Most of us spend most of our time at work. Work is what we do, where we go, who we know and how we get on in life. But while they might have a lot to say about salaries or employment figures, our politicians have less to offer when it comes to work itself. Left and right agree we need more ‘good jobs’ – but do we know what good jobs are?
Answering that question is a challenge, especially with the changes brought on by Covid-19 and increasing automation, but it is also a massive opportunity for social democratic and labour parties. As the parliamentary expression of organised labour, they have been successful in the past at offering both change and consensus around a changing economy and world of work. To do so again though, social democrats and labour parties need a clear, positive, vision that can engage with the hopes of workers present and past, young and old.
This vision must be optimistic, focusing on tangible future benefits. It must go beyond stale repetitions of what social democrats are against, and not be hung up on impossible promises to restore what has been lost in previous decades.
FEPS and Progressive Britain have partnered with a leading academic and trade unionist to bring you a paper that is part of building that vision – setting out how the Labour Party in the UK has grasped the politics of work in the past, the challenges of today and the electoral and moral victories than can be won should the party get it right now.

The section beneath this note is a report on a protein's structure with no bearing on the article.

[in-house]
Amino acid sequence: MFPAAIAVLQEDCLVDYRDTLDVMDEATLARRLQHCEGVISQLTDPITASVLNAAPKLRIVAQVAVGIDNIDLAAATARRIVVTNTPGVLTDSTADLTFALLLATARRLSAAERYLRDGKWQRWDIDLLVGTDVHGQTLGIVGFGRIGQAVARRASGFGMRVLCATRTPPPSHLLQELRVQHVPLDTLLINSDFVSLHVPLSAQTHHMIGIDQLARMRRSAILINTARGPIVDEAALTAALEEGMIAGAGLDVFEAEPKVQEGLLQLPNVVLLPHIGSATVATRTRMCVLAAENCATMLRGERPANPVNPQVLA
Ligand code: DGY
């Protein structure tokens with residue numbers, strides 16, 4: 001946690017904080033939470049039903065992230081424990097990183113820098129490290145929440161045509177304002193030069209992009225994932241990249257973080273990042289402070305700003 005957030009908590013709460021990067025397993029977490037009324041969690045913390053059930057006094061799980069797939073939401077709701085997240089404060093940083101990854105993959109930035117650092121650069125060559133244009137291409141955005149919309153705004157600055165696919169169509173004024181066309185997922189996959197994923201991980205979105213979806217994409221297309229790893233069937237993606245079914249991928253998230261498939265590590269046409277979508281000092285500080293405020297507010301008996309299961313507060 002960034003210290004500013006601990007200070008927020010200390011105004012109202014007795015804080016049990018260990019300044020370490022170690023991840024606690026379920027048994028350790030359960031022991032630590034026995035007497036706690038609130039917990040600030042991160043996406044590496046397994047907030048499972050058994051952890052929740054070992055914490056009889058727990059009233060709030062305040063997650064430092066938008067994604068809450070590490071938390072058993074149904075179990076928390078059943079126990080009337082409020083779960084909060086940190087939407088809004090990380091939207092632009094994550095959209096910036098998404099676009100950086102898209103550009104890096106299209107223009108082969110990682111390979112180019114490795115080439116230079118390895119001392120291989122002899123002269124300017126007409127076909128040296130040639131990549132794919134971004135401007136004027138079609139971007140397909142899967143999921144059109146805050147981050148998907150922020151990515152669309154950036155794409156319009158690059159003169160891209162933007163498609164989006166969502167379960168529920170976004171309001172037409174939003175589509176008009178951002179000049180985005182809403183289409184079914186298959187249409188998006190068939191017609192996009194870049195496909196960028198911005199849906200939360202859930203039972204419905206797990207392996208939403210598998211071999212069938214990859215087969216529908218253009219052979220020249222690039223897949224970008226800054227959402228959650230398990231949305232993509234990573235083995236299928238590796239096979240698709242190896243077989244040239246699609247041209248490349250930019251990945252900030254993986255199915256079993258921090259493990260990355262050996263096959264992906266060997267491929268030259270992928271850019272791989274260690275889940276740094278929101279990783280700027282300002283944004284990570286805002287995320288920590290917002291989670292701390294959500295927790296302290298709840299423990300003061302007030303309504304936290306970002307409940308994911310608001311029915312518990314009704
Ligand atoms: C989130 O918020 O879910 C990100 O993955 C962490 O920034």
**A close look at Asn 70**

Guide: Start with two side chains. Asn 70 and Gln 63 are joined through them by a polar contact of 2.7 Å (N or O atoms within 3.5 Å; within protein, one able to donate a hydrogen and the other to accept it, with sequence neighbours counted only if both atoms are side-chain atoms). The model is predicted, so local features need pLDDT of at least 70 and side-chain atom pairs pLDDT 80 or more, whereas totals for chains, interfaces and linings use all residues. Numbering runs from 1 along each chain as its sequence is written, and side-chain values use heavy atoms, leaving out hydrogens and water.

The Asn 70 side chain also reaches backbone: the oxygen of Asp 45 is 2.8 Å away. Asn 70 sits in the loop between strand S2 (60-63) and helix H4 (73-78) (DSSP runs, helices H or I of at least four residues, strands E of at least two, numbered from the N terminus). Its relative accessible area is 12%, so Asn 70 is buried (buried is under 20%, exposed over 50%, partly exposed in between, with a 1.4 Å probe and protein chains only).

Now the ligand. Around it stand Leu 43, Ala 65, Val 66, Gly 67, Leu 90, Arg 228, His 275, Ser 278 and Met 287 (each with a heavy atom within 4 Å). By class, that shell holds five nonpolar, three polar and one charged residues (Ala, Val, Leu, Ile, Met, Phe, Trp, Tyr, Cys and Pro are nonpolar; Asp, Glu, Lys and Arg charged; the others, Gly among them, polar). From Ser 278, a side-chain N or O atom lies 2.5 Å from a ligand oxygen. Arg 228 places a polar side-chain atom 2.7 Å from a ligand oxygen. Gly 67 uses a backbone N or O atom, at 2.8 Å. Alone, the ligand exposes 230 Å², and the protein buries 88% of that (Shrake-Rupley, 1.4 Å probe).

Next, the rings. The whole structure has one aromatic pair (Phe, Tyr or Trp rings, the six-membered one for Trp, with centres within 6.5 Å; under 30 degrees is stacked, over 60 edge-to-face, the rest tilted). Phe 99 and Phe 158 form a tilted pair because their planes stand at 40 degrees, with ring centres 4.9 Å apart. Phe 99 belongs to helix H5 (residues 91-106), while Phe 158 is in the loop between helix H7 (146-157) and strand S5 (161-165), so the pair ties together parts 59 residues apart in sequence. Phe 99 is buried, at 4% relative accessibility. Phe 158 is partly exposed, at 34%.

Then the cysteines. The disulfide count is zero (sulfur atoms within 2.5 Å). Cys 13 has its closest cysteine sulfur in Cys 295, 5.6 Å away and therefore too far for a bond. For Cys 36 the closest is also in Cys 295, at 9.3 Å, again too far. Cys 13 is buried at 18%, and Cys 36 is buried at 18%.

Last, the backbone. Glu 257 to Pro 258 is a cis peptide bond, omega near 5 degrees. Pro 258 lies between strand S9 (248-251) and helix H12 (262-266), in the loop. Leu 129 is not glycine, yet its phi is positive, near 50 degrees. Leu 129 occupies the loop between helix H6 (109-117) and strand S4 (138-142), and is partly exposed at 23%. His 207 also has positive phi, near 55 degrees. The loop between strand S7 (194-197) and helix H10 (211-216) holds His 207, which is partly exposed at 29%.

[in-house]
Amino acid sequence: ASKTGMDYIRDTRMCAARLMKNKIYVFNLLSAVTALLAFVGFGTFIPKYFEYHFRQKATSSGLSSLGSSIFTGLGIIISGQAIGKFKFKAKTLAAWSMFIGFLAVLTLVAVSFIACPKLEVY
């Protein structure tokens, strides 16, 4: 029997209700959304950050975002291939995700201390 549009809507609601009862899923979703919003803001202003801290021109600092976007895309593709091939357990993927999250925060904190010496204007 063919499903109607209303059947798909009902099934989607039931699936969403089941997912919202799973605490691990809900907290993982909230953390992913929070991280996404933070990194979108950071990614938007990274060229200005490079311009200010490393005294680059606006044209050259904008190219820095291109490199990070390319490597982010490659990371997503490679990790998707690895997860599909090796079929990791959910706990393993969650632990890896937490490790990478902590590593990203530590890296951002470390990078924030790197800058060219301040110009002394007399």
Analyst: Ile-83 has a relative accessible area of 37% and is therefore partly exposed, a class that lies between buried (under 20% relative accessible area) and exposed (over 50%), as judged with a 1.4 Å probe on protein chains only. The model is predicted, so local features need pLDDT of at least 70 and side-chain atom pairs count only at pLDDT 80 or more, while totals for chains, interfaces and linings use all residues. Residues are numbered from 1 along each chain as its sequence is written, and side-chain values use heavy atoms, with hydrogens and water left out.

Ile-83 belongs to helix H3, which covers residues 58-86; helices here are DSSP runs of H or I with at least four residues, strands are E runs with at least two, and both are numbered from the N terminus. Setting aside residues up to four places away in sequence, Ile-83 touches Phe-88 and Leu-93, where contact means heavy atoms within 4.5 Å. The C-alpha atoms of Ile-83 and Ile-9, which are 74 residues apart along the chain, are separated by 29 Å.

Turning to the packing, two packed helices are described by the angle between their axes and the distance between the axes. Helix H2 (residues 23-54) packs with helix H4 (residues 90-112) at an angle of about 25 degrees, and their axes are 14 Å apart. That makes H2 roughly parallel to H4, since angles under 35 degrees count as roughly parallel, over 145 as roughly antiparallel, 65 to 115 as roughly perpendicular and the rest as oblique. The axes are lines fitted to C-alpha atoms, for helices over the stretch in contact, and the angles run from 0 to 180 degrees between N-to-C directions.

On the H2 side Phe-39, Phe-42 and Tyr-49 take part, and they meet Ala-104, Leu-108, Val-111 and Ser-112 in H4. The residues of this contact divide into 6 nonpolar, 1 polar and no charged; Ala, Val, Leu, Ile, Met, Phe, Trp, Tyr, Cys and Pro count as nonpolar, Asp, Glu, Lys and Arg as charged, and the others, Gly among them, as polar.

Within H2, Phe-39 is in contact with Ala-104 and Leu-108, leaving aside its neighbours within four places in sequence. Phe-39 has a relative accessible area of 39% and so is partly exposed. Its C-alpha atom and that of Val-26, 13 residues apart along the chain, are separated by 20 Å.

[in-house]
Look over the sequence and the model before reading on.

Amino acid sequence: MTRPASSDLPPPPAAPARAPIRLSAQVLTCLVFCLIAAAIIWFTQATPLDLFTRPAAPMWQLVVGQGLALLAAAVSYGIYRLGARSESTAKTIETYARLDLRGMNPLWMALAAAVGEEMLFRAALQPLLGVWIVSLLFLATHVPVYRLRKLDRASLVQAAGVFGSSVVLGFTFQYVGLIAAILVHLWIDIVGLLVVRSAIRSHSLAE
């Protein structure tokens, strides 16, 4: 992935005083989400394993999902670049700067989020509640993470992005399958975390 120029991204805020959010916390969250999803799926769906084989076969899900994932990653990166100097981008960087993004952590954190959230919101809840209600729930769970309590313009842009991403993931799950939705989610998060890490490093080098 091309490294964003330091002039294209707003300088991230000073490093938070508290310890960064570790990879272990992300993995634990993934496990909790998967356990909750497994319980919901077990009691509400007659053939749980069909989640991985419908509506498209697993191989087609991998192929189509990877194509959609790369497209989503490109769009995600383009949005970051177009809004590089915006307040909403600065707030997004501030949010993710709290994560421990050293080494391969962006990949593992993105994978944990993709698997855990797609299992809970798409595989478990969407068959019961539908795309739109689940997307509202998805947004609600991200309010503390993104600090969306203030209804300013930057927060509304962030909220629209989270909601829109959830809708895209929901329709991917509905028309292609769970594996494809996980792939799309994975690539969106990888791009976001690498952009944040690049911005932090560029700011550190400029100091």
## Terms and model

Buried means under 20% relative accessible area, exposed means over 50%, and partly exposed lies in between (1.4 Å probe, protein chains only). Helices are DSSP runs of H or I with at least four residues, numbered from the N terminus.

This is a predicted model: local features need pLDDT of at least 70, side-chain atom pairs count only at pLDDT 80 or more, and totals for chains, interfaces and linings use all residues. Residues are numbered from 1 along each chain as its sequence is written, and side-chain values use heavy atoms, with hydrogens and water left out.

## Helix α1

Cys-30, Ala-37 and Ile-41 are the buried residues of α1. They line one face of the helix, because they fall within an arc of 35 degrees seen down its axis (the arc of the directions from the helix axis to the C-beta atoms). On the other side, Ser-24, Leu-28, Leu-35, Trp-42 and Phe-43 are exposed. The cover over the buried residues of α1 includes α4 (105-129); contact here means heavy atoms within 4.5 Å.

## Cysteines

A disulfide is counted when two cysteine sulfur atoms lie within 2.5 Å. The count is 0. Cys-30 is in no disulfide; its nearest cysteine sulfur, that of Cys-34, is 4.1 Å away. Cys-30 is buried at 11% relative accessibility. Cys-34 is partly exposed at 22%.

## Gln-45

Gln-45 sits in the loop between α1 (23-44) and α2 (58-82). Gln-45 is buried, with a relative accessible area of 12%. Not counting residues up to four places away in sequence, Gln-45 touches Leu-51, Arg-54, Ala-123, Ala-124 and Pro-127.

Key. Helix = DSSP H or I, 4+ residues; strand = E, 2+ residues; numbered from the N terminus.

It is part of a forthcoming series of papers, workshops and blogs where FEPS and Progressive Britain will explore the policy and politics of work. The project focuses on the UK but will be informed by approaches across the European continent – from Germany’s co-determination system to the ‘Nordic model’ of collective bargaining.
Work insecurity: the high cost of ultra-fast grocery deliveries
by euobserver 30/03/2023
EUobserver on the ultra-fast grocery deliveries and our policy study 'Back to the Dark Ages? Quick Commerce and the changing landscape of retail work', published in collaboration with Uni Europa.
Research shows Ireland is too reliant on voluntary sector for mental health services
by RTÉ Radio 1 27/03/2023
RTÉ Radio 1 talks about our case studies 'Is an EU-wide approach to the mental health crisis necessary?', published in collaboration with Think-tank for Action on Social Change (TASC)
Irish mental health services ‘too hospital-centric’
by Irish Examiner 23/03/2023
Irish Examiner article on FEPS and TASC policy study "Is an EU-wide approach to the Mental Health Crisis necessary?"
Ireland lacks key mental health services, report finds
by RTÉ 23/03/2023
RTÉ article on FEPS and TASC policy study "Is an EU-wide approach to the Mental Health Crisis necessary?"
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